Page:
SciBlogs

Posts Tagged video

Advent, chromosome by chromosome Grant Jacobs Dec 07

No Comments

Why not count down the days of the advent chromosome by chromosome? It’s a great idea and the Royal Institution’s implementation of it is excellent, try it.

When you visit their advent website, you’ll see a karotype,* with a microscope lens in middle.

advent-microscope

We have 23 pairs** of chromosomes: one pair of sex chromosomes (XX in women, XY in male) and 22 pairs of autosomes (non-sex chromosomes) numbered 1 to 22.

We also all have a small organelle that is involved in ‘energy’ processing in our cells, the mitochondria. It has it’s own little chromosome, known for being passed down only from our mothers,*** that is counted as the 24th chromosome for this advent calendar.

Move the lens around to locate each day’s calendar (you can change the focus, too). Days that haven’t yet come to pass aren’t labelled.

Each day has a short film exploring part of that chromosome and interesting genetics associated with it. If you’re thinking amateur science videos, don’t. Think more BBC documentary.

Read the rest of this entry »

The origin of the scientist Grant Jacobs Nov 01

No Comments

In this TED lecture Laura Snyder introduces the origins of the term ‘scientist’ (hint: for that don’t know, it’s surprising modern), the Philosophical Breakfast Cub and ‘modern’ science, closing with an appeal to science communication. Among other things, it’s interesting to learn that the Royal Association dropped questions after presentations as being ungentlemanly!

This will be too light for many of those familiar with this story, but for those new to it it’s a nice gloss of the beginning of the modern scientist. For those wanting more, a list of several popular science books that might interest readers follows the video.

YouTube Preview Image

This list is by no means complete, nor a ‘best of’. Readers are welcome to suggest others in the comments below.

The Philosophical Breakfast Club - the speaker’s book on group whose name gives the title of her book.

The Lunar Men – Jenny Unglow’s book on the Birmingham’s Lunar Society, who met at each full moon and were instrumental in starting the Industrial Revolution.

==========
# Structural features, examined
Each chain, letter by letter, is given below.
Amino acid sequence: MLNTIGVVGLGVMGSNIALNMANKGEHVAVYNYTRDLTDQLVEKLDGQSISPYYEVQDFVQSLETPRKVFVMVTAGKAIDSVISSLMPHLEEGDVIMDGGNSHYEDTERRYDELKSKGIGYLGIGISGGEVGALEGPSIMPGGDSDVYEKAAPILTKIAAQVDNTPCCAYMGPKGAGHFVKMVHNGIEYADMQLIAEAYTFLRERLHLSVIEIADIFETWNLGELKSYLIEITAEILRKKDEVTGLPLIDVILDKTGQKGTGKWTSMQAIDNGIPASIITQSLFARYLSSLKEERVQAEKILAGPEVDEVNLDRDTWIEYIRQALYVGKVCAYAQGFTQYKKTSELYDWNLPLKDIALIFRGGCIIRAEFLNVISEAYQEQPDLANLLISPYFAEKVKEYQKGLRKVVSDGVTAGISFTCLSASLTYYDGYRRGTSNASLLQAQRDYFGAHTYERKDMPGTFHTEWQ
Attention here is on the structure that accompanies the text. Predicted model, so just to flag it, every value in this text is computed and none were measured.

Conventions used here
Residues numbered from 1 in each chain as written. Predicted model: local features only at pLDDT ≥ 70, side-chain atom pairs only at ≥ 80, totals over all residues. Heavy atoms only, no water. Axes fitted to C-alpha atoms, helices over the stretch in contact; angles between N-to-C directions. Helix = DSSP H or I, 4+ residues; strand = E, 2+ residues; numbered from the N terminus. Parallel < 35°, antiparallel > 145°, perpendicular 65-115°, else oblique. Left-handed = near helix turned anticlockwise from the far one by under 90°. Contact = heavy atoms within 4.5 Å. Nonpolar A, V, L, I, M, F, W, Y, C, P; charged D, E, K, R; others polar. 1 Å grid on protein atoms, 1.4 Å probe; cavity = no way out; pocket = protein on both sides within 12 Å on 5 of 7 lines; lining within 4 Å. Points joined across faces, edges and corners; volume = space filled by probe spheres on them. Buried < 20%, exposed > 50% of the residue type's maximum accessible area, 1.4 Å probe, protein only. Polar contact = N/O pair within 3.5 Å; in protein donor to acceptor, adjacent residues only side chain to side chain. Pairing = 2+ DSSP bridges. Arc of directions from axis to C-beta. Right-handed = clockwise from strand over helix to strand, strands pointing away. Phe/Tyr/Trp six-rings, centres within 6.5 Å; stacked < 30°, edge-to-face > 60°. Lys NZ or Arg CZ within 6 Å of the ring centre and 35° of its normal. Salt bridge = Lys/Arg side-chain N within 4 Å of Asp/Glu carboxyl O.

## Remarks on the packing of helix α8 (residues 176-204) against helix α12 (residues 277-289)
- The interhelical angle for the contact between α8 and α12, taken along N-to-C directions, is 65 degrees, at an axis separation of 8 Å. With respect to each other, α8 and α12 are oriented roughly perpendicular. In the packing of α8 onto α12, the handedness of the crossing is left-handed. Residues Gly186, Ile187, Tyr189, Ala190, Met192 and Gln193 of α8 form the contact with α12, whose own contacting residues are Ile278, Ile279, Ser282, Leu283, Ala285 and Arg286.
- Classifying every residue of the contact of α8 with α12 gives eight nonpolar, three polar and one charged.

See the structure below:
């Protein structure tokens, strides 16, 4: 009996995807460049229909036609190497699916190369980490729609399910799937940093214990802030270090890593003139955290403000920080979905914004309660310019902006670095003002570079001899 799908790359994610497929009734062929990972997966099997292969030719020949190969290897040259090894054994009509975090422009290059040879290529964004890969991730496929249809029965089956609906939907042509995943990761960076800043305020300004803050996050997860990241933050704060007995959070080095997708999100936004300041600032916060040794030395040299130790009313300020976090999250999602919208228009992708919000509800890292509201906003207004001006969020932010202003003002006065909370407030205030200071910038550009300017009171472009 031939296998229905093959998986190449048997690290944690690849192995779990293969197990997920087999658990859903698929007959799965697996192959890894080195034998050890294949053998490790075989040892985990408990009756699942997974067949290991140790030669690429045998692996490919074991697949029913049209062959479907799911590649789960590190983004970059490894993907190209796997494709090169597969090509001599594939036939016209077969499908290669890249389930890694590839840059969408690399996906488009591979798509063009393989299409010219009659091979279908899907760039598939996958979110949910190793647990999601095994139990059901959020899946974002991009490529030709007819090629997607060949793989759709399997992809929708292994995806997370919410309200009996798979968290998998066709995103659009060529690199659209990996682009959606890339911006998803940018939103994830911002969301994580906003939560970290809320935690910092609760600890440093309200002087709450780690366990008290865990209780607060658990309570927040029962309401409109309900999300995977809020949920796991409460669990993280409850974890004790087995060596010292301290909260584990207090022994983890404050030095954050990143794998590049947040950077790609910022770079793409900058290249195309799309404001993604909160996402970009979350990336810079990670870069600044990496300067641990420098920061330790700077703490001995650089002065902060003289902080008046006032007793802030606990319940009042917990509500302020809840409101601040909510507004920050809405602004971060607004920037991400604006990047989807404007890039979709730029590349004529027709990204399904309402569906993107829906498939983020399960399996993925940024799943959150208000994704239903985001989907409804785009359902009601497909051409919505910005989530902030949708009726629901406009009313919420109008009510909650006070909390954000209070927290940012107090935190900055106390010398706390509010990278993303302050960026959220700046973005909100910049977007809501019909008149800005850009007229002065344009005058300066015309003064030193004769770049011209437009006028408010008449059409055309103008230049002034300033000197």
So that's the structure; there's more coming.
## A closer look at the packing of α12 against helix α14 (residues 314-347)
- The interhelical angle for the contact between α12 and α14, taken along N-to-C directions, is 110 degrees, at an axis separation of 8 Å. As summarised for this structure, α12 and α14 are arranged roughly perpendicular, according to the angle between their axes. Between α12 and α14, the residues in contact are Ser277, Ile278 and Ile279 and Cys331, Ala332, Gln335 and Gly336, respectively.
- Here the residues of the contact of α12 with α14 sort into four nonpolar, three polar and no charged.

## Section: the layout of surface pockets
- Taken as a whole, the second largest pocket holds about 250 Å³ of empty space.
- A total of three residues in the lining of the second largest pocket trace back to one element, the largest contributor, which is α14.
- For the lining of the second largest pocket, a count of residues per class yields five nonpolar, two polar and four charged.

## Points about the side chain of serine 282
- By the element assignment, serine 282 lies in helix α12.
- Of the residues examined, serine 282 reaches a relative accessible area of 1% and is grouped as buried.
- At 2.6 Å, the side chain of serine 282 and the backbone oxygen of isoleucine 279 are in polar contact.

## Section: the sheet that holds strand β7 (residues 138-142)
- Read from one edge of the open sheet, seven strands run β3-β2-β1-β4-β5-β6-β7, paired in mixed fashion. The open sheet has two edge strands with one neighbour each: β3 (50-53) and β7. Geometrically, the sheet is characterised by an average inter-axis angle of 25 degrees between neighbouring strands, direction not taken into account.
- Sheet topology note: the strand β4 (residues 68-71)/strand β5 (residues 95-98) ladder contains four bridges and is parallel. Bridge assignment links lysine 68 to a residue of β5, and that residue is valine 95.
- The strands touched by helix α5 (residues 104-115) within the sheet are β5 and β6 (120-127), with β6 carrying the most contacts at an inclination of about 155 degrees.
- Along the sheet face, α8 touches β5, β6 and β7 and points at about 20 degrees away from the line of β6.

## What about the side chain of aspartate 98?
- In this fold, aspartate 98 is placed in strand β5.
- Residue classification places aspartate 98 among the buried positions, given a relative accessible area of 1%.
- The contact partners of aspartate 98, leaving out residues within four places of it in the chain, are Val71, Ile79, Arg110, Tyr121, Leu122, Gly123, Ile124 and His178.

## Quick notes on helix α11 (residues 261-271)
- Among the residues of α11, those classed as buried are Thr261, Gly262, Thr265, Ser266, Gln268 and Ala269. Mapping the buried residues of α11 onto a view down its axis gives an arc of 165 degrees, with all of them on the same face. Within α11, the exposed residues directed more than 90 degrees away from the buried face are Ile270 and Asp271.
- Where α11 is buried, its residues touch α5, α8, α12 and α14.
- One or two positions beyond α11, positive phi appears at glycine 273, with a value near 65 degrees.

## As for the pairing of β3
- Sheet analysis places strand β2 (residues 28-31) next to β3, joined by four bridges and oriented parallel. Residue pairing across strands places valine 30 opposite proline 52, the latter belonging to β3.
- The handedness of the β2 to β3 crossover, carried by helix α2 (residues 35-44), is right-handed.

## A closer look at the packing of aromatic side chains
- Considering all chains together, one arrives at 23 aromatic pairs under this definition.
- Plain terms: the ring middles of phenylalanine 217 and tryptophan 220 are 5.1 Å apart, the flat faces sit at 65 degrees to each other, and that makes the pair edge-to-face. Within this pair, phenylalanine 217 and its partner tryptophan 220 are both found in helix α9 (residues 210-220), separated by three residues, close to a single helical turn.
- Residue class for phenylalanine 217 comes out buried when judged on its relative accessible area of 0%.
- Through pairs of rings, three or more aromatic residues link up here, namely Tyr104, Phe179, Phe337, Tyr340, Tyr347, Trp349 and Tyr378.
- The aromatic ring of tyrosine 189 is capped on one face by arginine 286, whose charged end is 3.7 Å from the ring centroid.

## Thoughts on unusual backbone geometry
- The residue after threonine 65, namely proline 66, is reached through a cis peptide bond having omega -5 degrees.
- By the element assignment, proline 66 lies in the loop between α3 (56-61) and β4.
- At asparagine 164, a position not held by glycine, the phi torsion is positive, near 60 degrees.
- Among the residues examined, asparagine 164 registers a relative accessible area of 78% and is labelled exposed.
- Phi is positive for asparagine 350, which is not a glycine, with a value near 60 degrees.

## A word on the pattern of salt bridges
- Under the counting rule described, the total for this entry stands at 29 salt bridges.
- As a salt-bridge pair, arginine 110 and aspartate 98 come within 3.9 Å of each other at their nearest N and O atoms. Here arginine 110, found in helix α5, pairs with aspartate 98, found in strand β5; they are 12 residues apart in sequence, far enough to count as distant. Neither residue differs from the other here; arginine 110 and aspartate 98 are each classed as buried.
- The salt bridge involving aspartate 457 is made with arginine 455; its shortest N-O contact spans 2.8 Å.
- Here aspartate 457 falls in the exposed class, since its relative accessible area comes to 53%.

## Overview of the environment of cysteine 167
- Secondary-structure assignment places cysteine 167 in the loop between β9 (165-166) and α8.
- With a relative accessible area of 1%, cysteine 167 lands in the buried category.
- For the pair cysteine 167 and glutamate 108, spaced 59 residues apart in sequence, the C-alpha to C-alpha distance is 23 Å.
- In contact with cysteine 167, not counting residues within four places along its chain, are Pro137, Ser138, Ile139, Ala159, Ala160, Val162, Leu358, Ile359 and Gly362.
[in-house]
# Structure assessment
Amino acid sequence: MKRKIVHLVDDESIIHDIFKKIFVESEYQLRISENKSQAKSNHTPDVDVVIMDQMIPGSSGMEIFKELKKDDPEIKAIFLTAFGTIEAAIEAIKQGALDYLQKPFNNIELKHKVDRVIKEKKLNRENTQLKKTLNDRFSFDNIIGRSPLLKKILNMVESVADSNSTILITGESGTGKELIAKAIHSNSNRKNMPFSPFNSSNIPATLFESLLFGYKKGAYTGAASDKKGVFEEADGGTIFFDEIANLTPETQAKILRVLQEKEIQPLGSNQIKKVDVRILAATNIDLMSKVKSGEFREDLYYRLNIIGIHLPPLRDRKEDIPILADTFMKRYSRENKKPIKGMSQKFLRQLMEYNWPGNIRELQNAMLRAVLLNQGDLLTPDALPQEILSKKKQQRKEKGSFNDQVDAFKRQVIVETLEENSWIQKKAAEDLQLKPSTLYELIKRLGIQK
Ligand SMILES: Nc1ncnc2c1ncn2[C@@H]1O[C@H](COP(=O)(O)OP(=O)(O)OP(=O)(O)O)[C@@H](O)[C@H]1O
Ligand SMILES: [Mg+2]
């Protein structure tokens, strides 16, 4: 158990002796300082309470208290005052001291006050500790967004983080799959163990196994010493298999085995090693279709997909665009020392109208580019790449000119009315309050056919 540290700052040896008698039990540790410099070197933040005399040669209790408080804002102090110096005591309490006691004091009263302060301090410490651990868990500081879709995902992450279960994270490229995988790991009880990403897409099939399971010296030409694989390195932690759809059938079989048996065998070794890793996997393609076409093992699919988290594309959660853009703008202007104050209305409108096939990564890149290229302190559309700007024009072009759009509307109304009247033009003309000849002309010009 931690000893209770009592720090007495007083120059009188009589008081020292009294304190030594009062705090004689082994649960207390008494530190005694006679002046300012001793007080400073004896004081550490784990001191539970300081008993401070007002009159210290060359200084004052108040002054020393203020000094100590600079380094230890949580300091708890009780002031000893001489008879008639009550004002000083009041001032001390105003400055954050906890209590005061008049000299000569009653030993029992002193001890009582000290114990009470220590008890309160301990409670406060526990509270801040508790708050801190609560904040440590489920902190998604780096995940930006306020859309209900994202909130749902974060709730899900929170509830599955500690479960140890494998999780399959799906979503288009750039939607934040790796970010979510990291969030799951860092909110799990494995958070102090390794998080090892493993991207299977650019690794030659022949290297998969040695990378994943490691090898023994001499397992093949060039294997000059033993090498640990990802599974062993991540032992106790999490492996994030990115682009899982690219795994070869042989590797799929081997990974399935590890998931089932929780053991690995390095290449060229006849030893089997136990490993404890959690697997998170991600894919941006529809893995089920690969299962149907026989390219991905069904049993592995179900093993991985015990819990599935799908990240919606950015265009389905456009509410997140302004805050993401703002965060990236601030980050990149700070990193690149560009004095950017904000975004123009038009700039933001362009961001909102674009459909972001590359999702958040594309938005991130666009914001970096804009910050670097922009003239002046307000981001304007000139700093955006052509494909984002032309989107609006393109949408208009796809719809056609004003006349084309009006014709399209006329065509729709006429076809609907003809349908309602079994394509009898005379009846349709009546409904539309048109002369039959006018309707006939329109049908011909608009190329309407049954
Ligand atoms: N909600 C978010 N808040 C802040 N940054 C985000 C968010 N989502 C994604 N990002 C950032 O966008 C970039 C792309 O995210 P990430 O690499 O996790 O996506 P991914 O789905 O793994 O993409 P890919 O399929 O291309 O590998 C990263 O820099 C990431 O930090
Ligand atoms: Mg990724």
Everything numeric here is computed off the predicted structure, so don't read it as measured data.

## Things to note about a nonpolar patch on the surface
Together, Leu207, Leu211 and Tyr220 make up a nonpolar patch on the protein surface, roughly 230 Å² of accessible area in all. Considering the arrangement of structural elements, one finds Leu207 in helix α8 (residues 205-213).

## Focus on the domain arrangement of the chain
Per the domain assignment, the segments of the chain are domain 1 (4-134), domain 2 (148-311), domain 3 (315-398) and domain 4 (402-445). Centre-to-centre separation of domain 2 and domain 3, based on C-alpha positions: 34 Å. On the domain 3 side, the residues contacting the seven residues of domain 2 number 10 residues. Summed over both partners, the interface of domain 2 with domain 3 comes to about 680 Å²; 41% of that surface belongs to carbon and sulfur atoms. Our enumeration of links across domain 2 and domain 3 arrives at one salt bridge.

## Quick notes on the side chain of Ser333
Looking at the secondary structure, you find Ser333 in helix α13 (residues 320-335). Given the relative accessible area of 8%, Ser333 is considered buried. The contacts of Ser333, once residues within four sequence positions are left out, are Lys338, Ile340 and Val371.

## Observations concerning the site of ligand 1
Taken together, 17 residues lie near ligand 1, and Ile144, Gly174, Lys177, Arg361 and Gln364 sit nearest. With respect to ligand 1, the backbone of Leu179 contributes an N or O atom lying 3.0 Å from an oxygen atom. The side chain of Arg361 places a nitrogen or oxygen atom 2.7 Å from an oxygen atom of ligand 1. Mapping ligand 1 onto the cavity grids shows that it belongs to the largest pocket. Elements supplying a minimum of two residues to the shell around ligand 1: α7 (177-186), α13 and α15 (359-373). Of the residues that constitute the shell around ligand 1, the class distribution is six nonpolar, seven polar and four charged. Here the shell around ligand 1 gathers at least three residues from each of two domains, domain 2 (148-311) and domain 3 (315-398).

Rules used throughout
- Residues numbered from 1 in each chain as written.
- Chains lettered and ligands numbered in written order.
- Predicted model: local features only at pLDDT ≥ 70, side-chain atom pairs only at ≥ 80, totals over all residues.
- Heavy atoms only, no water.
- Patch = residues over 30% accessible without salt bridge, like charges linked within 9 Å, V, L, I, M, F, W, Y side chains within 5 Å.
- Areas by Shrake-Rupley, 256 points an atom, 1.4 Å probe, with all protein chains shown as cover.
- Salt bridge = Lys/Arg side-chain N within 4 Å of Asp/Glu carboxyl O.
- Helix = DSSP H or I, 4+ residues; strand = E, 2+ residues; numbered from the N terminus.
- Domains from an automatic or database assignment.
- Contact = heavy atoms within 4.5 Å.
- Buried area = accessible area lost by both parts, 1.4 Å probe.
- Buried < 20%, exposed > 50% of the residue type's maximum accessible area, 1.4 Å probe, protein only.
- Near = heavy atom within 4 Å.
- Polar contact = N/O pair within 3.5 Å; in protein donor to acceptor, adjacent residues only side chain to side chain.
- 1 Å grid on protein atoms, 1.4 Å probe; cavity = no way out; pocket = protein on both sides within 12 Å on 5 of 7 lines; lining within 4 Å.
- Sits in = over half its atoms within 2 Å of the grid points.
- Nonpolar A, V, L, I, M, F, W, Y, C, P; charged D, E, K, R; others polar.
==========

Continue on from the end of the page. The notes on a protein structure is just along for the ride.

The cogwheel brain – Laura’s talk mentions the Babbage engine—Babbage being a member of TPBC—this book covers Babbage’s engines and efforts by the Science Museum to build them. The author, Doron Swade, headed the six-year project to construct the calculating engine that is in the Science Museum. (Don’t think is a dry subject; it’s an good read. The Goodreads site also lists The difference engine, which I suspect is the same work under a different title.)

Science: a history or The scientists – Much wider in scope is John Griffin’s telling of science’s origins.

Seeing Further – Edited by Bill Bryson, this carries a collection of well-regarded writer’s accounts of different aspects of the science and history associated with the Royal Society of London.

Other reading at Code for life:

The bosom serpent

Science-y reading

Wellcome diversions

Royal science

Teaching kids critical thinking

Sunday video: tackling Tuberculosis and biophysics Grant Jacobs Aug 25

No Comments

This free-wheeling discussion between Science Alert’s Fiona McDonald and Vic Arcus (University of Waikato) and Greg Cook (University of Otago), with questions from the on-line audience, might give readers some a feel for the time and some of the factors involved in tackling a drug targeting effort, in this case for tuberculosis. It also offers an introduction to something that has always been important to me, from a different angle that I am interested in.

Tuberculosis is a common infection — it’s only second to HIV/AIDS as causing the greatest number of deaths by a single infectious agent. It mostly affects young adults and is “among the top three causes of death for women aged 15 to 44”, resulting in  “about 10 million orphan children as a result of TB deaths among parents” a year if we use the 2010 figures as representative, according to the WHO fact sheet summary.

[If you’re not seeing the video, you can view it here.**]

One of the reasons I’d like to host this interview, besides that it features some New Zealand science, is that Vic talks about biophysics. He’s interested in it from the behaviour of proteins and systems. I have related interests but focused on genomes, which are physical structures too, structures that are altered reflecting on what genes are used in each particular type of cell and some diseases.

Read the rest of this entry »

What is a gene? Grant Jacobs Jul 27

No Comments

Genome TV is hosting an interesting series of short videos, asking different scientists what a gene is. (These are also available from the (USA) National Human Genome Research Institute website.)